Except those who feel so trapped that they're unable to admit they're even having a crisis [raises hand]. I think that's the appeal of fundamentalist anything. Rather than try to work it all out on your own, it's much easier to be handed a catechism (of any faith) and just believe in it. You'll be with like-minded people who make your choice feel secure and you'll be told the world's out to get you, thus unifying the flock and solidifying your faith by cause of opposition. Some people are so lacking in internal strength of character, that they desperately need cults to justify themselves and to promise them acceptance.

    I have a severe case of monkey mind. Just getting quietude of mind is a challenge for me at this point. It's funny. I was talking to Don about this very thing last week, the same day as the F train premonition. I was admonishing myself for using my dog to help bring me back during meditation. I meditate lying down with my torso propped-up with pillows and Tweeter always lies right next to me. As my mind wanders I just reach out and pet him a little to bring me back to mindfulness of the present. Don laughed and said Gautama did the same thing by touching the ground so if I used my dog to do so, then I was in good company.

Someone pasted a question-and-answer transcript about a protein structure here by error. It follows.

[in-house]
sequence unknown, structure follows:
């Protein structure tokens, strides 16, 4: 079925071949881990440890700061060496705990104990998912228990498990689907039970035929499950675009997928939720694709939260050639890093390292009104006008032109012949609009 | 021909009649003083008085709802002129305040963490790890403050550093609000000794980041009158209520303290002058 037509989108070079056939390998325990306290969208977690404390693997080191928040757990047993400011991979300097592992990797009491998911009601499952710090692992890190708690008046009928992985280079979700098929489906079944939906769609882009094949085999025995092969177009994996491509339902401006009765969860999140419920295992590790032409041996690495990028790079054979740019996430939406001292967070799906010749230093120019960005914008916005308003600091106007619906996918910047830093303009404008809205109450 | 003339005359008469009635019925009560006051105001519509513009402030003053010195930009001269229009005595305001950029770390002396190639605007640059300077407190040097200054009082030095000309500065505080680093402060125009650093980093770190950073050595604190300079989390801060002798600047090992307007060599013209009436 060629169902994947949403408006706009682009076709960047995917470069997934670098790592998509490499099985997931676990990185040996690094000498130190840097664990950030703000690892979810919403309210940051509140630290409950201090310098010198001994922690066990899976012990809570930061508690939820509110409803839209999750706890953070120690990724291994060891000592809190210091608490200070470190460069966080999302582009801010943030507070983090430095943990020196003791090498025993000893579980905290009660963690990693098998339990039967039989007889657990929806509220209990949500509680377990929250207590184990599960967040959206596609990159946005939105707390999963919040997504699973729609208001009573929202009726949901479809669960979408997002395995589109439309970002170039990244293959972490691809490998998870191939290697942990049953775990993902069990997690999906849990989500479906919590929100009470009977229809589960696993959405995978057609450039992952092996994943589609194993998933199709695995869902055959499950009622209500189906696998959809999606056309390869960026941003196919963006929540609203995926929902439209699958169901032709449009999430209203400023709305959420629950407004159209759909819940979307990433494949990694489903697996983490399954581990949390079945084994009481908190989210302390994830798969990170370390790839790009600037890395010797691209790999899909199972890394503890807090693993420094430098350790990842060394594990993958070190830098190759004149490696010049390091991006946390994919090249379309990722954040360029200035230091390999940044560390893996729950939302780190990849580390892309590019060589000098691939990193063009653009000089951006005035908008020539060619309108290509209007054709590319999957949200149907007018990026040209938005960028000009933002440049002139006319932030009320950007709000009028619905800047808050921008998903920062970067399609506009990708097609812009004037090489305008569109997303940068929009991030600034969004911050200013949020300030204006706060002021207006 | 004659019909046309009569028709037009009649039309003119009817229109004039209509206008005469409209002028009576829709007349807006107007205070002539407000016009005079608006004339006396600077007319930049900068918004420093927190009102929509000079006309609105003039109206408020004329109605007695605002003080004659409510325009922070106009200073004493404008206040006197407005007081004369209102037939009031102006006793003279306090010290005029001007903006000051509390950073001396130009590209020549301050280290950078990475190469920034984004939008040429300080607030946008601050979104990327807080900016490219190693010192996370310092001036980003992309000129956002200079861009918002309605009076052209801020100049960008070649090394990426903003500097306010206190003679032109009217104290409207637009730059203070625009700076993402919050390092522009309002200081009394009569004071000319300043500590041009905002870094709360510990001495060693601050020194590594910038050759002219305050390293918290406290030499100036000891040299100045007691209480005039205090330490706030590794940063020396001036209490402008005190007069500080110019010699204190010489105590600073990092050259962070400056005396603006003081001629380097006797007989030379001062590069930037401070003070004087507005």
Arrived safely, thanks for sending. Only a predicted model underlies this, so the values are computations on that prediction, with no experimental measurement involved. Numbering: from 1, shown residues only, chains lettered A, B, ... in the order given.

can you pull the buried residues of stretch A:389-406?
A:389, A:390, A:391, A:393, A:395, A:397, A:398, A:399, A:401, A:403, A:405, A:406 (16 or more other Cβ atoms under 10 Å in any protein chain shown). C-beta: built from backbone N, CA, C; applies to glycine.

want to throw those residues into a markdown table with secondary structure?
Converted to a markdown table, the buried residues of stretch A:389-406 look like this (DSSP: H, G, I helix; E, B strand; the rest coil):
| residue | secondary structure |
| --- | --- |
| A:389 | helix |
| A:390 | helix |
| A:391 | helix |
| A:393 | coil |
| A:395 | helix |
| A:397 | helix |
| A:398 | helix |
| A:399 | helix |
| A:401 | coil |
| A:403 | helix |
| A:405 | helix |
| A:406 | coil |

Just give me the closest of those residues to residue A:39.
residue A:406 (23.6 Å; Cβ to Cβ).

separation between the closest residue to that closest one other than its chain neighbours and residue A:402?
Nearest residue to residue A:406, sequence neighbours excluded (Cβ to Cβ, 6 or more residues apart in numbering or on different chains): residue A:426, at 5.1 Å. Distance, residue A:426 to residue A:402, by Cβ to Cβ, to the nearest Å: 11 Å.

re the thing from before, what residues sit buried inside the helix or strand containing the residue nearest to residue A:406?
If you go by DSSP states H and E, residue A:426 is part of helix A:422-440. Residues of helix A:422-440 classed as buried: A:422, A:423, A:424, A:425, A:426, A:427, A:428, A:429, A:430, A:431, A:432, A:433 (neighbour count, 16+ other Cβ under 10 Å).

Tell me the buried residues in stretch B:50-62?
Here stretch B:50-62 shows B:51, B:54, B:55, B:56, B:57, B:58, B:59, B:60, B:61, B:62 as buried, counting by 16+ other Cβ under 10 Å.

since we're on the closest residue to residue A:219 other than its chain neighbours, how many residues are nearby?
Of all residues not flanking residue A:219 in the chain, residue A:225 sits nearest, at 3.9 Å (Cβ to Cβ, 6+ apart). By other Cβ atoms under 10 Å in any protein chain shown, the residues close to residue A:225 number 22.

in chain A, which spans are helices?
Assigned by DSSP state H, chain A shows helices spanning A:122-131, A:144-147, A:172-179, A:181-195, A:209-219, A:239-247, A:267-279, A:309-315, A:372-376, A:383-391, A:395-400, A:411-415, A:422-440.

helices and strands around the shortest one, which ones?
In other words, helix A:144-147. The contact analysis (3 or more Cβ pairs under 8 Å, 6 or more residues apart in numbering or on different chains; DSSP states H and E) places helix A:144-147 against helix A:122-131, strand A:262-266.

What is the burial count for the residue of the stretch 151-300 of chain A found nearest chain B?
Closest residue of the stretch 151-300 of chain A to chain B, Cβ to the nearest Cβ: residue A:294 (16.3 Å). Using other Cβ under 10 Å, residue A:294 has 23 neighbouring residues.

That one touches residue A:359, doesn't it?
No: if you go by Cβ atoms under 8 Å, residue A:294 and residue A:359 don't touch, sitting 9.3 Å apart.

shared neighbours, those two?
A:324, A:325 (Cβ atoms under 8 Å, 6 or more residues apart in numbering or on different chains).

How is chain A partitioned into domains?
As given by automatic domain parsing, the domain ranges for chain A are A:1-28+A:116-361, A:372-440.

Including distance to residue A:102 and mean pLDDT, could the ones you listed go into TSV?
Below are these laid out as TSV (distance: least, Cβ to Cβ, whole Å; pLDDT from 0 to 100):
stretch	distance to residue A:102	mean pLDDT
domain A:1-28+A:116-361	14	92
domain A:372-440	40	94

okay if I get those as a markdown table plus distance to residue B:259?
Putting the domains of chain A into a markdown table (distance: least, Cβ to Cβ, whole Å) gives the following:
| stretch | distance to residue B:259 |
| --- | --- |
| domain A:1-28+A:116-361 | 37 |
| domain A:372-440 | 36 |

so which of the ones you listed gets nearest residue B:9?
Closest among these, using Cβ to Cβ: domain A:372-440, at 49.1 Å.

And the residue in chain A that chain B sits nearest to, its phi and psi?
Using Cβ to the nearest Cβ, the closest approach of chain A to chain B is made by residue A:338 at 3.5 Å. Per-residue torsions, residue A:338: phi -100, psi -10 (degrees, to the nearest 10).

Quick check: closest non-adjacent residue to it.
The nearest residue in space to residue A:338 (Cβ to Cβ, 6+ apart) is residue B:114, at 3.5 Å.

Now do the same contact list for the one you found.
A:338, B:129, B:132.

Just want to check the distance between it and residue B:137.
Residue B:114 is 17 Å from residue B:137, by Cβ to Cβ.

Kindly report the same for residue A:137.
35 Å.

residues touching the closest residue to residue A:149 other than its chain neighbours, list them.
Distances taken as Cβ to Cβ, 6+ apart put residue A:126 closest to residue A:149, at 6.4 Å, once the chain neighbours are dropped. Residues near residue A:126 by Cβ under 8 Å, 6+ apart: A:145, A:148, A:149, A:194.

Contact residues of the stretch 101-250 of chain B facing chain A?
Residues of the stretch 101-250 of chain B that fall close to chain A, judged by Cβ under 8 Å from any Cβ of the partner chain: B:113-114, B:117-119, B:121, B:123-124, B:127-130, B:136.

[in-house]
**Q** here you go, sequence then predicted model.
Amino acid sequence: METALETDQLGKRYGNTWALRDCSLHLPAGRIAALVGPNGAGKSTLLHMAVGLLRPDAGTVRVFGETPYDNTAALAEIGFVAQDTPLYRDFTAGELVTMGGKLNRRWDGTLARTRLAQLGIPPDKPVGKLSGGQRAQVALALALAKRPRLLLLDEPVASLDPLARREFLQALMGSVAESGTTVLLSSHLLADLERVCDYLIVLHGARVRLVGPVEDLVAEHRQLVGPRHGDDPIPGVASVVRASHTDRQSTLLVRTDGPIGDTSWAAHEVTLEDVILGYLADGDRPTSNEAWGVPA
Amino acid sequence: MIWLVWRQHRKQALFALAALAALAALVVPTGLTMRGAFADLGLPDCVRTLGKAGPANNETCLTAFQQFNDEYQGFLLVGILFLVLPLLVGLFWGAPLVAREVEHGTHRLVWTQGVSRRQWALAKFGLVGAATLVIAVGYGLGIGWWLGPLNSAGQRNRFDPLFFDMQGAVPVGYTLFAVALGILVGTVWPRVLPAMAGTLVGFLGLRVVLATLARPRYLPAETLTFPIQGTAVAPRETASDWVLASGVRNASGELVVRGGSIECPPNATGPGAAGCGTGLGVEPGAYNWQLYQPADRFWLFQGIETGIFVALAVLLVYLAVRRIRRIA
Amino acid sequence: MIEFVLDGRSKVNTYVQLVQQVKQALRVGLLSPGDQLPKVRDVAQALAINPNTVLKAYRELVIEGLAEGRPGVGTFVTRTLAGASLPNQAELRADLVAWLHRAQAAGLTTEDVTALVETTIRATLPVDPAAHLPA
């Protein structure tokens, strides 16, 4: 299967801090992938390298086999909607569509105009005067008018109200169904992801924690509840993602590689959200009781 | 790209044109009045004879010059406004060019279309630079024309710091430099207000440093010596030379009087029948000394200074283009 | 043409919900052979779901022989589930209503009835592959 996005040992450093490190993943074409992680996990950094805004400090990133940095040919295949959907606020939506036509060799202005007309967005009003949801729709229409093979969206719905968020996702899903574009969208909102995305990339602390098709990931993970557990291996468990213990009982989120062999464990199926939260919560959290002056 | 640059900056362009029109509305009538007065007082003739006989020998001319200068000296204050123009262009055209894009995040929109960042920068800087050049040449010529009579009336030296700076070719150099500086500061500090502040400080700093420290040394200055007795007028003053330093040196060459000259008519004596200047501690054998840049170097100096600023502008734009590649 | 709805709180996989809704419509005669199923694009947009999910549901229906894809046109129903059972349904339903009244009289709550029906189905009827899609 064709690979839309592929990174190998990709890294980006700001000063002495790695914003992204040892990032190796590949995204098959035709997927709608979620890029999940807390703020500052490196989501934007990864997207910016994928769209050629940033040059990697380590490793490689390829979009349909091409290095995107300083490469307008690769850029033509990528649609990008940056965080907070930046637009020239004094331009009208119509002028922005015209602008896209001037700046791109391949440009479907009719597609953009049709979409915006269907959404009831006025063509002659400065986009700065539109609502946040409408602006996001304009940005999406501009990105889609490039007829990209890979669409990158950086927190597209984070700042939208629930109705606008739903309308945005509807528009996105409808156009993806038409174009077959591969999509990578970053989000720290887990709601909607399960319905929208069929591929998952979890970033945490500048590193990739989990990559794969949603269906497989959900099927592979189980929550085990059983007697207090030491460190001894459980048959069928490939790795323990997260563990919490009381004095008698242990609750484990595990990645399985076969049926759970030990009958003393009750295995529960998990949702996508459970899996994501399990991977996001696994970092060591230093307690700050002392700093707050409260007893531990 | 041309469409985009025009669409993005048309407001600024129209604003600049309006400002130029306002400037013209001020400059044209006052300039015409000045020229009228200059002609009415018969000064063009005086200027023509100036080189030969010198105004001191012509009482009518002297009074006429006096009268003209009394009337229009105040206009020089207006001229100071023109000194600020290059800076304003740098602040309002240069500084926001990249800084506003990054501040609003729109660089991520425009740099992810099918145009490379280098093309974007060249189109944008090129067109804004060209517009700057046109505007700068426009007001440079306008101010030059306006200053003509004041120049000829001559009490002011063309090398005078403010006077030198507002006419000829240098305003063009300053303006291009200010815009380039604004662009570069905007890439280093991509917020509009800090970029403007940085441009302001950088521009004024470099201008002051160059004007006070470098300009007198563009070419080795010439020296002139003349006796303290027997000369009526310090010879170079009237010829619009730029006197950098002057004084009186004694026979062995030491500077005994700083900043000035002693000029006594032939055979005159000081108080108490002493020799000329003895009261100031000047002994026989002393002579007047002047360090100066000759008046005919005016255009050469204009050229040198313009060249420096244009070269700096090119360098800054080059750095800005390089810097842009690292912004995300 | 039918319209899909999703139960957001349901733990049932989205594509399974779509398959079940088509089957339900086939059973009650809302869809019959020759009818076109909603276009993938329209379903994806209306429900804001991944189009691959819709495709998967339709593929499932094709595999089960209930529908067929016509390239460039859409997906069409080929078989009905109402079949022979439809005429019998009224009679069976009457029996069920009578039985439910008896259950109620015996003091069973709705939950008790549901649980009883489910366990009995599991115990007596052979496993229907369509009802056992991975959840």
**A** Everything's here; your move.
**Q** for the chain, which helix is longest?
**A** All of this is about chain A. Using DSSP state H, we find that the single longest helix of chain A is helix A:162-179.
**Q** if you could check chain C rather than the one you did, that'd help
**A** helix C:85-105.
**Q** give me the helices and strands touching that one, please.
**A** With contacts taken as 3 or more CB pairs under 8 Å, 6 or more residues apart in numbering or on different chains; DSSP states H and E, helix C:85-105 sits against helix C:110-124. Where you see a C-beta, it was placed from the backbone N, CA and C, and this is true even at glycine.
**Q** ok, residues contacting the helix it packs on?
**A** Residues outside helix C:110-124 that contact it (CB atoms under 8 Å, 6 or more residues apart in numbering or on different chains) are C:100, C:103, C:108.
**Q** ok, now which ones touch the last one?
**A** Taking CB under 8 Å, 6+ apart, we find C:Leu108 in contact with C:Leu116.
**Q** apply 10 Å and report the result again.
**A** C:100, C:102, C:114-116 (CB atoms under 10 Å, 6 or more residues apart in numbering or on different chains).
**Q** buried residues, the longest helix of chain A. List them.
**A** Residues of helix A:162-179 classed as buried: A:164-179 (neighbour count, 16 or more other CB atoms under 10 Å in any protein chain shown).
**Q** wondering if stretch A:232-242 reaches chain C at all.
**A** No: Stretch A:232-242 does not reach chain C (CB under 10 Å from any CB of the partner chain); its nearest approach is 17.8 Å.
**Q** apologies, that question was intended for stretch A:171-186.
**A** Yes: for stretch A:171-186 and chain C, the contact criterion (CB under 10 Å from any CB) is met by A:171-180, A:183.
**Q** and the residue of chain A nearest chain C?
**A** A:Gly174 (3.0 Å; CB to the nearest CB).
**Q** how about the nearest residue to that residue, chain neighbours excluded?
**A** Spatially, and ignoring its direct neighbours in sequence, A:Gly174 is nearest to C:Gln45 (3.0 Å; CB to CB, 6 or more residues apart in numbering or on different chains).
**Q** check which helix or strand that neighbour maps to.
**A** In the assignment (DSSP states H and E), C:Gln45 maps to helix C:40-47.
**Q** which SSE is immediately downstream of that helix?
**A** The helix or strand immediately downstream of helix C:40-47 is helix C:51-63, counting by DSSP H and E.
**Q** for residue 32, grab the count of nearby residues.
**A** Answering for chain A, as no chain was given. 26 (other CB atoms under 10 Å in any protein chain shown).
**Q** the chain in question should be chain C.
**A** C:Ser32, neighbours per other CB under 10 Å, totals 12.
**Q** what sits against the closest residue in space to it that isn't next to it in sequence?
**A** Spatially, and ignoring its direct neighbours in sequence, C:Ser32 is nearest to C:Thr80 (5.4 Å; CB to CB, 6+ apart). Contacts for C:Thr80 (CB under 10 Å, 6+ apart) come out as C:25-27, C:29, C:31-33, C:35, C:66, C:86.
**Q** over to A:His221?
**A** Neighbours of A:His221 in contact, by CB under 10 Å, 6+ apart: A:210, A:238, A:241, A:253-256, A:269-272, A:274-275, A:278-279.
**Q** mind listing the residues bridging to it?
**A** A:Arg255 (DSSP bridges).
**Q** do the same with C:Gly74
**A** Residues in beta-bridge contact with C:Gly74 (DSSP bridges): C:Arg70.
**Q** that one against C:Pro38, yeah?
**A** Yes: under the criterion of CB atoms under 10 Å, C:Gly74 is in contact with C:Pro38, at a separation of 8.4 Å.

Seeing things as they really are is difficult as I find it so frightening. I fear emptiness without meaning, I fear love is merely a transitory chemical brain process, I fear that everything is dust in the wind, I fear I hurt those I love, I fear I don't express myself appropriately, I fear what cancer will do to me, I fear death, and I fear I won't have time to overcome these fears. Staying present is, for me, to sup with demons. Even now, when they put in the chemo needles, I have to remind myself that all things are temporary and I need to listen to my iPod track of chanting gyuto monks. My brain so desperately wants to think of something else that I still need fucking xanax to get through it lest I get panic attacks. I'm far from where I want to be.